From its opening in 1897, Grant's Tomb became a magnet for tourists and New Yorkers alike who were coming not just to honor the memory of the great Civil War hero, but also to gawk at the country's largest presidential tomb. As we write in Inside the Apple:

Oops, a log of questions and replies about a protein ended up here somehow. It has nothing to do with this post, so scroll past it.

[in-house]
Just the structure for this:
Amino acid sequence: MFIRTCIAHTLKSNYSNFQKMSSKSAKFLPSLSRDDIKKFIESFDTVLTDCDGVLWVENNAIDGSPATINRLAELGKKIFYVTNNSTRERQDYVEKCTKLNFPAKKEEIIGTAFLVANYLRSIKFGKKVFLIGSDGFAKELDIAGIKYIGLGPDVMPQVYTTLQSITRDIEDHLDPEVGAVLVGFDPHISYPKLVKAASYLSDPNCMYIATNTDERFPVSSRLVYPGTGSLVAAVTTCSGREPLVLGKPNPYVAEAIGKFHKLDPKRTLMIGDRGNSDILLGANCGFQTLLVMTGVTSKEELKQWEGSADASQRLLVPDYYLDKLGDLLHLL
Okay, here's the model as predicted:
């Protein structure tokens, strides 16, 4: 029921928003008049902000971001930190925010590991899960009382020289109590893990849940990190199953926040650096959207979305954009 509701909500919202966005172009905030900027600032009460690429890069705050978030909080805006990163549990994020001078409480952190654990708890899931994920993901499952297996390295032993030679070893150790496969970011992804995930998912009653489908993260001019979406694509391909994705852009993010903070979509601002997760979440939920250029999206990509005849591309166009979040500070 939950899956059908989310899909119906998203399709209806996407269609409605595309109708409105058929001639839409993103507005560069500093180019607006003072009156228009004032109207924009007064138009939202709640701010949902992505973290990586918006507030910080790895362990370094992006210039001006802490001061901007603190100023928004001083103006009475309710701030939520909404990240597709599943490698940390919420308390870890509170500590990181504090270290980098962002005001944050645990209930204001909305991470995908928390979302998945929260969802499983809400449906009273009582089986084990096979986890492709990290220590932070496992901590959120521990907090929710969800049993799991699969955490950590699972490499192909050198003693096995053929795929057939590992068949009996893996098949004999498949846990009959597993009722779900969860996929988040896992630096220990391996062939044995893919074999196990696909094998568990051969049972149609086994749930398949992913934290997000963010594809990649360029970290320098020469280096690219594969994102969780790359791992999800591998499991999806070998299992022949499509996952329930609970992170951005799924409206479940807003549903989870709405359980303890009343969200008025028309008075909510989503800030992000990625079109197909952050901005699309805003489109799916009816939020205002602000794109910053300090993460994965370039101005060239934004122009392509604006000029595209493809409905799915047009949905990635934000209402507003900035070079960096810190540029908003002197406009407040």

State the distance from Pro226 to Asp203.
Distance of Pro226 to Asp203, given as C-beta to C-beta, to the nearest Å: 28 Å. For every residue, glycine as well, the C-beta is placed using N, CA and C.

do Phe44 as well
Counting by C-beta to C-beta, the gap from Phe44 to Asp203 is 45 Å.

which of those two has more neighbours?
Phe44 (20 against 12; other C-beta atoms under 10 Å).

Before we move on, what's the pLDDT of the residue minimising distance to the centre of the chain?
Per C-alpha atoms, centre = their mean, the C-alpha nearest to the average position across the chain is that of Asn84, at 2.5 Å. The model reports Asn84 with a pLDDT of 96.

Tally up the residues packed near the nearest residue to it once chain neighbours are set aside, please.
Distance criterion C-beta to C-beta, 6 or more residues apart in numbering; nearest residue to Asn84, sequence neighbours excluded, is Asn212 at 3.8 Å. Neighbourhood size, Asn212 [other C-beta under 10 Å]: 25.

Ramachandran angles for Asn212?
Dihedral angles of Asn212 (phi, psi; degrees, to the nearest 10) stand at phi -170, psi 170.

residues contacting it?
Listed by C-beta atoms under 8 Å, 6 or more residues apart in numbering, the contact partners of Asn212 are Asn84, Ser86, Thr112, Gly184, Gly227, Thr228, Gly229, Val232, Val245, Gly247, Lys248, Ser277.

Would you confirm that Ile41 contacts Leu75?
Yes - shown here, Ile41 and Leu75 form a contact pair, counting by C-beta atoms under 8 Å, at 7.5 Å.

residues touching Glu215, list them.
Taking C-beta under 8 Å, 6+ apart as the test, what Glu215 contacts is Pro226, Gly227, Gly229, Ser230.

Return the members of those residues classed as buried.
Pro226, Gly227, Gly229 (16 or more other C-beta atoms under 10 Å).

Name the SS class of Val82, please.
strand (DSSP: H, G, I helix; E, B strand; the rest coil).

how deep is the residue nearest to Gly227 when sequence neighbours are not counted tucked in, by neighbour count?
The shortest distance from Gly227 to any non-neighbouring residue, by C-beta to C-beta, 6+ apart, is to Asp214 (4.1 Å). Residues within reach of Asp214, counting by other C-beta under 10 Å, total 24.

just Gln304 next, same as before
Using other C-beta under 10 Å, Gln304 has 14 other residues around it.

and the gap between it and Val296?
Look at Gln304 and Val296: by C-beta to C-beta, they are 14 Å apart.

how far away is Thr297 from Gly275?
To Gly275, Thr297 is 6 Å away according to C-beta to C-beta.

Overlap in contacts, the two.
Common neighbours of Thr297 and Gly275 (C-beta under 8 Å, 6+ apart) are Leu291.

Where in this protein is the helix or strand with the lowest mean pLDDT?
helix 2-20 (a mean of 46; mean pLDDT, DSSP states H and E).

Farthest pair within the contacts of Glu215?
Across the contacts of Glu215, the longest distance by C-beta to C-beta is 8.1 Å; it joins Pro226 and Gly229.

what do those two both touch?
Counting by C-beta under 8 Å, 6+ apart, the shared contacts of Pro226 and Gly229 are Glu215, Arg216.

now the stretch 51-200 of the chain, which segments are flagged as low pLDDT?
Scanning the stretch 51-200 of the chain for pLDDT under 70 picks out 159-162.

Grant died in 1885, having lived the last four years of his life in New York. His tomb sits at 122nd Street and Riverside Drive, at one of the highest points in Riverside Park....[It is] a remarkable testament to the high esteem in which Grant was held after his death (despite two terms as president marked by scandal and perceived mediocrity) as well as to New York’s growing obsession in the 1890s with becoming the premiere American city. First, New York beat out other places Grant had lived—including Galena, Illinois, and St. Louis, Missouri—for the right to bury the president. Then, the Grant Memorial Association held two contests to determine who would design the structure, the second contest being held because none of the entries the first time around was deemed grand enough. The tomb, by John Duncan, is modeled on the mausoleum at Halicanarssus, one of the Seven Wonders of the Ancient World. In 1897, the tomb was officially opened and it fast became the leading tourist attraction in the city. Indeed, more people visited Grant’s Tomb in the early years of the Twentieth Century than went to the Statue of Liberty.In the meantime, if you want to find out the answer to the old riddle, "Who's buried in Grant's Tomb?" you'll simply have to go check it out in person. The tomb is run by the National Park Service and is open for visitation.
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